Which would be another fine use of recap, except that there was also an episode where Burke and Vicki found a “sleepwalking” Maggie in that same cemetery. That’s not part of the period that Julia erased from Maggie’s brain, so they should both remember it, but they don’t mention it. I know, all I’m doing today is nitpicking, but there isn’t much else to do.
The conversation moves to the couch, where we get a look at a much-loved Dark Shadows prop, known to fans as the Collinsport Afghan. It’s a crocheted blanket with a distinctive pattern of brightly-colored squares. Like the Ralston-Purina lamp, it pops up in different locations throughout the whole run of the show, including past time periods and parallel universes.
Afghan-spotting is something of a sport for fans who like that kind of thing. (For example, here’s a site that has a picture of a fan dressed up as the afghan at a Dark Shadows convention.) As far as I know, this is the blanket’s first appearance, but if anyone knows of an earlier one, let me know in the comments.
Anyway, when all seems lost, they finally come up with a plot point. Vicki mentions that she was in the cemetery to visit the grave of Josette Collins — and that name rings a bell for Maggie. The memories of her abduction start to resurface, and she remembers seeing a grave, and a coffin.
So it’s lucky for Julia that she stops by to check on Maggie at the exact moment when her memory-erasing treatment has started to wear off. Julia pretends that she’s waiting to talk to Sam about her research, puttering around in the background while Maggie has a full-blown flashback event on the couch.
Vicki: Maggie, you said you were remembering a grave. Was it the grave of Josette Collins?
Maggie: Josette… Who is she? Tell me about her.
Vicki: She was a great lady, who had a very tragic life. Barnabas Collins has restored her room in the Old House.
Julia overhears this, and pulls the medallion out of her purse.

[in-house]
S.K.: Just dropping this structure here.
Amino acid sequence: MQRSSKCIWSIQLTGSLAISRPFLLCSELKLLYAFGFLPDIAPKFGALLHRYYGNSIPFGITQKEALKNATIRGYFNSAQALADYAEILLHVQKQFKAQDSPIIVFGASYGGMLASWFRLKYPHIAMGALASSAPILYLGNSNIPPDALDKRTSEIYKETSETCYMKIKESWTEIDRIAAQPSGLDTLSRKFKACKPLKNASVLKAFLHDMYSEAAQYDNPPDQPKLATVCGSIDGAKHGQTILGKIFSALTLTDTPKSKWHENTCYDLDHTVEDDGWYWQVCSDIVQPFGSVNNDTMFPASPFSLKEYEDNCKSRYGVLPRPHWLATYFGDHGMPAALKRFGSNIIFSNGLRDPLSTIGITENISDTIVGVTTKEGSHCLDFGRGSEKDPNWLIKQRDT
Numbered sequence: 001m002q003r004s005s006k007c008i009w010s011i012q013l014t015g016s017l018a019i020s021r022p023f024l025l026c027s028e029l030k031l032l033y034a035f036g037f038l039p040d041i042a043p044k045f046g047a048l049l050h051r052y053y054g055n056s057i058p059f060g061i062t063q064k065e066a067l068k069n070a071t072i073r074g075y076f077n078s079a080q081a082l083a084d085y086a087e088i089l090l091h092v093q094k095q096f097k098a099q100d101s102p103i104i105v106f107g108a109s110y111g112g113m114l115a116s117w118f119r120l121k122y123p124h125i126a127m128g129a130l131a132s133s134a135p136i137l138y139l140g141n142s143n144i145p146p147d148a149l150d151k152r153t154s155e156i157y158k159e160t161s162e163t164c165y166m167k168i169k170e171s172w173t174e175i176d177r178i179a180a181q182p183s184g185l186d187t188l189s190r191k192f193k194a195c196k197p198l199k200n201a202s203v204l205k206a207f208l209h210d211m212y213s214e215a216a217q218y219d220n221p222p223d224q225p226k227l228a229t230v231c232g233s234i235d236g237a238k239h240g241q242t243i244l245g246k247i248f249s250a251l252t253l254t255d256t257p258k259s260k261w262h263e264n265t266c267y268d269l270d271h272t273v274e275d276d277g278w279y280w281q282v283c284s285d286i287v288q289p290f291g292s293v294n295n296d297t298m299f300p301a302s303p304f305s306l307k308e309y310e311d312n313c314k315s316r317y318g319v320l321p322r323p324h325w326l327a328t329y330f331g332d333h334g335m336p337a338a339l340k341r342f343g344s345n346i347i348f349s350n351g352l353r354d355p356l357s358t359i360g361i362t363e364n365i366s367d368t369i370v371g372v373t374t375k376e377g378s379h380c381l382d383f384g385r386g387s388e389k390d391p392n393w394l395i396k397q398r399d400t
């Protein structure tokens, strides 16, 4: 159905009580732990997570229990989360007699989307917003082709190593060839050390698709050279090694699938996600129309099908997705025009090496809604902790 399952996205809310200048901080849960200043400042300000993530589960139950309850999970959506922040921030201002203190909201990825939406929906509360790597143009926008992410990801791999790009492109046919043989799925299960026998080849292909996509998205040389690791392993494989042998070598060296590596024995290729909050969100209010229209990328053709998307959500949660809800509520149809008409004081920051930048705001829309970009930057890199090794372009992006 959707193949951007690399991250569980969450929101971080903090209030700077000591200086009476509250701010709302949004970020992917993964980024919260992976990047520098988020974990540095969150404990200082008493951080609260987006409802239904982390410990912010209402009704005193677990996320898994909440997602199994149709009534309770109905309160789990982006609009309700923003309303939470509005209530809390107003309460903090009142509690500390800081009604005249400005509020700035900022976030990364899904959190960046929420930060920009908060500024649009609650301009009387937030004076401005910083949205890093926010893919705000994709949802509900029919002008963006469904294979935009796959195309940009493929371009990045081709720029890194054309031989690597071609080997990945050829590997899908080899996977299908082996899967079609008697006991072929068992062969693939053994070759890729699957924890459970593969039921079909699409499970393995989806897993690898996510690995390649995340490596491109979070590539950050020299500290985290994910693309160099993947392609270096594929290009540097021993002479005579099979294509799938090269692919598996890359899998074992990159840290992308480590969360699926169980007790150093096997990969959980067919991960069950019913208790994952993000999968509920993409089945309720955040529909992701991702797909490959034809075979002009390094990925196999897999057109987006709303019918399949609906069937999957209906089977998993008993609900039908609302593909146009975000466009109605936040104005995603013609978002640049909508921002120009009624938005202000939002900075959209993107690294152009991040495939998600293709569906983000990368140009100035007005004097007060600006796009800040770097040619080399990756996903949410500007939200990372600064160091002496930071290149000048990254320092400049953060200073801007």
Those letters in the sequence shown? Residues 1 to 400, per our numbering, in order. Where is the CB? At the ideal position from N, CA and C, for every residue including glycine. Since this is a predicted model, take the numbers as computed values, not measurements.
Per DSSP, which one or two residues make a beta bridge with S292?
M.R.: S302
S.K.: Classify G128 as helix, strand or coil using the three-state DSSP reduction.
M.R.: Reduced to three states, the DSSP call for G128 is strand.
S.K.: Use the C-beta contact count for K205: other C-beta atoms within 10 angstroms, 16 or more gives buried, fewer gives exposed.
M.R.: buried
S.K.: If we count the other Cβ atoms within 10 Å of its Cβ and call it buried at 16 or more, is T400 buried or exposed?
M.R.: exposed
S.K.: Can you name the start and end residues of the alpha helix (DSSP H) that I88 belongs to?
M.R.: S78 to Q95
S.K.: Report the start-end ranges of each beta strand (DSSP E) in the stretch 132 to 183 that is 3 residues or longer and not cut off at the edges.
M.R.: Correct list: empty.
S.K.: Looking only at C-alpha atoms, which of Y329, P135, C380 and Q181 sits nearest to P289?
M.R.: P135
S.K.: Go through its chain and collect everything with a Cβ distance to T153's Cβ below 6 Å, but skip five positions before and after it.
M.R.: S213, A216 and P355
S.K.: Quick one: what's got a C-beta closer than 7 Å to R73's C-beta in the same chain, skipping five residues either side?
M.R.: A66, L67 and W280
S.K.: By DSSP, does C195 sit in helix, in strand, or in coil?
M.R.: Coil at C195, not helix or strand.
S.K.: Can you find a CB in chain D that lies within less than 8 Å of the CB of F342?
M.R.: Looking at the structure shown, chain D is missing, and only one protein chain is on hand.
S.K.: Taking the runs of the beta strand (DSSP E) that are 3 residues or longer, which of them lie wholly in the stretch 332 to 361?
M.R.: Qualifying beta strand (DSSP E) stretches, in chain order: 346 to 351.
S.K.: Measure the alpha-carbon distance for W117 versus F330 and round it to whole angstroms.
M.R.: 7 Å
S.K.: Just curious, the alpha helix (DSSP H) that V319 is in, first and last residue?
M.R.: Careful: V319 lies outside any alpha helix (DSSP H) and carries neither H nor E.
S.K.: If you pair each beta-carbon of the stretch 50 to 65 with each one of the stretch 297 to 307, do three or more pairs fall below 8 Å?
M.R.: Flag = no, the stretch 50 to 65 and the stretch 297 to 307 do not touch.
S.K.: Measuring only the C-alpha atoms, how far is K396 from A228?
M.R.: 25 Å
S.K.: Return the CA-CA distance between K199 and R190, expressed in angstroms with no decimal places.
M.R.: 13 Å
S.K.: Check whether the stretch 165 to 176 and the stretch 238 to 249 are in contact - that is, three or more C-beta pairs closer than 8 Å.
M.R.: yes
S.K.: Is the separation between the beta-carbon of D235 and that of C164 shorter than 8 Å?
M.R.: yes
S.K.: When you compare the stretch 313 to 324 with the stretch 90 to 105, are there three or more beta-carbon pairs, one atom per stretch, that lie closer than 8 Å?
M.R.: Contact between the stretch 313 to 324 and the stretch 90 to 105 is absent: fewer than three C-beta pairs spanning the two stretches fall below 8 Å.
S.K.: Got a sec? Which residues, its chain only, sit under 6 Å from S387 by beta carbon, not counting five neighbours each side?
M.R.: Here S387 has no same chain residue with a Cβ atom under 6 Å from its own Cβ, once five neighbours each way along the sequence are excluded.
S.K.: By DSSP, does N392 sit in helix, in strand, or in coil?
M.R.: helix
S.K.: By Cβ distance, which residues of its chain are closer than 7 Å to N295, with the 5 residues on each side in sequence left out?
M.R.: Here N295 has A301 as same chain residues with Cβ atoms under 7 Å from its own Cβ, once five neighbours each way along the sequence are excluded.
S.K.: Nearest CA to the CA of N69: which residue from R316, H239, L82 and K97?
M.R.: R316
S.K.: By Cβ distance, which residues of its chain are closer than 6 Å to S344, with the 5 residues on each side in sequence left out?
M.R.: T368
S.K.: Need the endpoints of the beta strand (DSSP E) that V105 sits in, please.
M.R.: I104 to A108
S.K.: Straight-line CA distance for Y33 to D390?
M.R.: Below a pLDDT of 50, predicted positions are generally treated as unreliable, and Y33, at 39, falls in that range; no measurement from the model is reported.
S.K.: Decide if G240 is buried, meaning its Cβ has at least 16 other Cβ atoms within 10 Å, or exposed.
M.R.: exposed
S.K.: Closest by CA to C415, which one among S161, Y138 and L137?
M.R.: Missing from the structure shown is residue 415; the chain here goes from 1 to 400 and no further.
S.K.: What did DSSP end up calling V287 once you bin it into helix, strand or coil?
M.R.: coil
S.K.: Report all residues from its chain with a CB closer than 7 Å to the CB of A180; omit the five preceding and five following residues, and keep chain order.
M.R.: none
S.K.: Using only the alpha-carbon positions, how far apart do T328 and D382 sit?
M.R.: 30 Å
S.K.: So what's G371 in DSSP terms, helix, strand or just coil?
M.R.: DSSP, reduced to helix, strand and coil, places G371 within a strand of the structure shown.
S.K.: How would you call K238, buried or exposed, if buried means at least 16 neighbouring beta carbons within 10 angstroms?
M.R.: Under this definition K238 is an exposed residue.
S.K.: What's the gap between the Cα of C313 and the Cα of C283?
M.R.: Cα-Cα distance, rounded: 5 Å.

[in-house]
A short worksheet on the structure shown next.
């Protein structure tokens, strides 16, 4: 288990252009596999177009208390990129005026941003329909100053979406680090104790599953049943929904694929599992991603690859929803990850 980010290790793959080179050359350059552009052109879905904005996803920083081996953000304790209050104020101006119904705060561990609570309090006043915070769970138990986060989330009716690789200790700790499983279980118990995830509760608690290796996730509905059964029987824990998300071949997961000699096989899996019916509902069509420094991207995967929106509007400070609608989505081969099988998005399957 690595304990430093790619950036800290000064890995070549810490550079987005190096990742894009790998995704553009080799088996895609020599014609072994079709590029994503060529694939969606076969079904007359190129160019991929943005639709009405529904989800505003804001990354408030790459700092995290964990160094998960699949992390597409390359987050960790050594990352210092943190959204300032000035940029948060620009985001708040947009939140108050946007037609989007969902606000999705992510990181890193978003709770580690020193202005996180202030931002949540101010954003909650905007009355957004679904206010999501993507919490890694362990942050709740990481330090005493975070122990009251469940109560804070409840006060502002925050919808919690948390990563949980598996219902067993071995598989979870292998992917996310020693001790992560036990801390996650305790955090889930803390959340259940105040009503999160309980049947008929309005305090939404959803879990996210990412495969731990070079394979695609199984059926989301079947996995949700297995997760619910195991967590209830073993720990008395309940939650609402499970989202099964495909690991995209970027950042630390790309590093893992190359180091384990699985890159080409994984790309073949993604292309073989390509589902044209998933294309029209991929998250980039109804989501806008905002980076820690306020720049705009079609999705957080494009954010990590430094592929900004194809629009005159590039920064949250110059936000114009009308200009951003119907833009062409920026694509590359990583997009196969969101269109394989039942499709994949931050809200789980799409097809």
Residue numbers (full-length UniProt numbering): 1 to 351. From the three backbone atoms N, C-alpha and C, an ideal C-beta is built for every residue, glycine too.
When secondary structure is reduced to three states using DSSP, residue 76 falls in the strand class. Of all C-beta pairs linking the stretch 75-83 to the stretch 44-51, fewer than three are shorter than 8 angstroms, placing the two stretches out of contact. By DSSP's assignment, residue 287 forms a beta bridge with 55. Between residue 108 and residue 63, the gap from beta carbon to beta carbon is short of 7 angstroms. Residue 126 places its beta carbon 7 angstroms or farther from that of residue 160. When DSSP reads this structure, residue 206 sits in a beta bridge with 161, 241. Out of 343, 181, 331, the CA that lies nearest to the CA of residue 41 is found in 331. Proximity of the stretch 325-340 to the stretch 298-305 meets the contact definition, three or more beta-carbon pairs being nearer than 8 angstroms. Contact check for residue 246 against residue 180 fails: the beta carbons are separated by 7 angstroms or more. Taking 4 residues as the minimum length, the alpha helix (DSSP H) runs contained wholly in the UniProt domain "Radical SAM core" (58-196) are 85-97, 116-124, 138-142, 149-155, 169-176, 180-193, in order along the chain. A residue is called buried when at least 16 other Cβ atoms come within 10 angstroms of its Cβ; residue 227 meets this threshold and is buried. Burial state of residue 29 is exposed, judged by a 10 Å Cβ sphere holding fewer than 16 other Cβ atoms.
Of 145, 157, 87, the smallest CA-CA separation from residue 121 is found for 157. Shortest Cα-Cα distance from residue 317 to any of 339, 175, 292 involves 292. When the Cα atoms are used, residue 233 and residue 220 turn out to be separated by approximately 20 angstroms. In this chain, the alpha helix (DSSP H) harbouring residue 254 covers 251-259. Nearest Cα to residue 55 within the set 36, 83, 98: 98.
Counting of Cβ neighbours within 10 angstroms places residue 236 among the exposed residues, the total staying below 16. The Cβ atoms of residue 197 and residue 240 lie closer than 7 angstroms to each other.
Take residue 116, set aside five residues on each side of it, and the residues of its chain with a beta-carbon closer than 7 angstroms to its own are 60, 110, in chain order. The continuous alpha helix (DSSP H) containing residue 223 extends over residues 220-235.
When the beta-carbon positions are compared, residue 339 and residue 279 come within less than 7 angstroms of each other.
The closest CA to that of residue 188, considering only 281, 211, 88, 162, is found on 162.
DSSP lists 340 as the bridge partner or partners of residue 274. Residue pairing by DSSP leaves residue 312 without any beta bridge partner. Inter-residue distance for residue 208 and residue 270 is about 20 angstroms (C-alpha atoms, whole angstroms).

Vicki: He’s restored all of her belongings in that room. They’re all there, just the way they were when she was living.
Maggie: I —
Vicki: What is it, Maggie?
Vicki: What is it?
Julia: Are you interested in antiques?
It’s fantastic. Julia completely disrupts the flow of the conversation, just in time. She starts talking about antique jewelry, as if they’re all having a totally normal afternoon.
And it completely works. Julia shows them the medallion, which is her special hypnotizing equipment, and just seeing it calms Maggie and breaks the mood. Julia asks if she could have a cup of tea, and Vicki goes off to the kitchen.
This gives Julia the opportunity to flash her medallion at Maggie, and top up her amnesia. By the time Vicki comes back with the tea, Maggie is smiling and relaxed, and she has no idea why Vicki thinks that her memories were coming back.
Now, ordinarily, I might be a little hard on a scene like this, because it’s basically pressing a reset button and restoring the status quo of ten minutes ago. But after spending the first half of the episode trying to decide whether an empty house is warm or chilly, this hypnotism scene feels like a taut action sequence.
Plus, Julia’s interruption is so cheerful and silly, and it makes me smile.
“Are you interested in antiques?” Yes, I am. I’m interested in anything you want to say.
Tomorrow: A Human Life.
Dark Shadows bloopers to watch out for:
When Liz and Burke talk in the Collinwood drawing room, she dries up in the middle of a line and has to check the teleprompter. Burke tries to say something to cover the silence, and they end up talking over each other.
Also, there’s a weird edit in the first act when there’s a knock at the door; it jumps from Liz standing in the drawing room to opening the door. Legend has it that Joan Bennett, who plays Liz, was the only actor who was important enough to stop tape; this edit could be the result of covering up a mistake.
Tomorrow: A Human Life.
— Danny Horn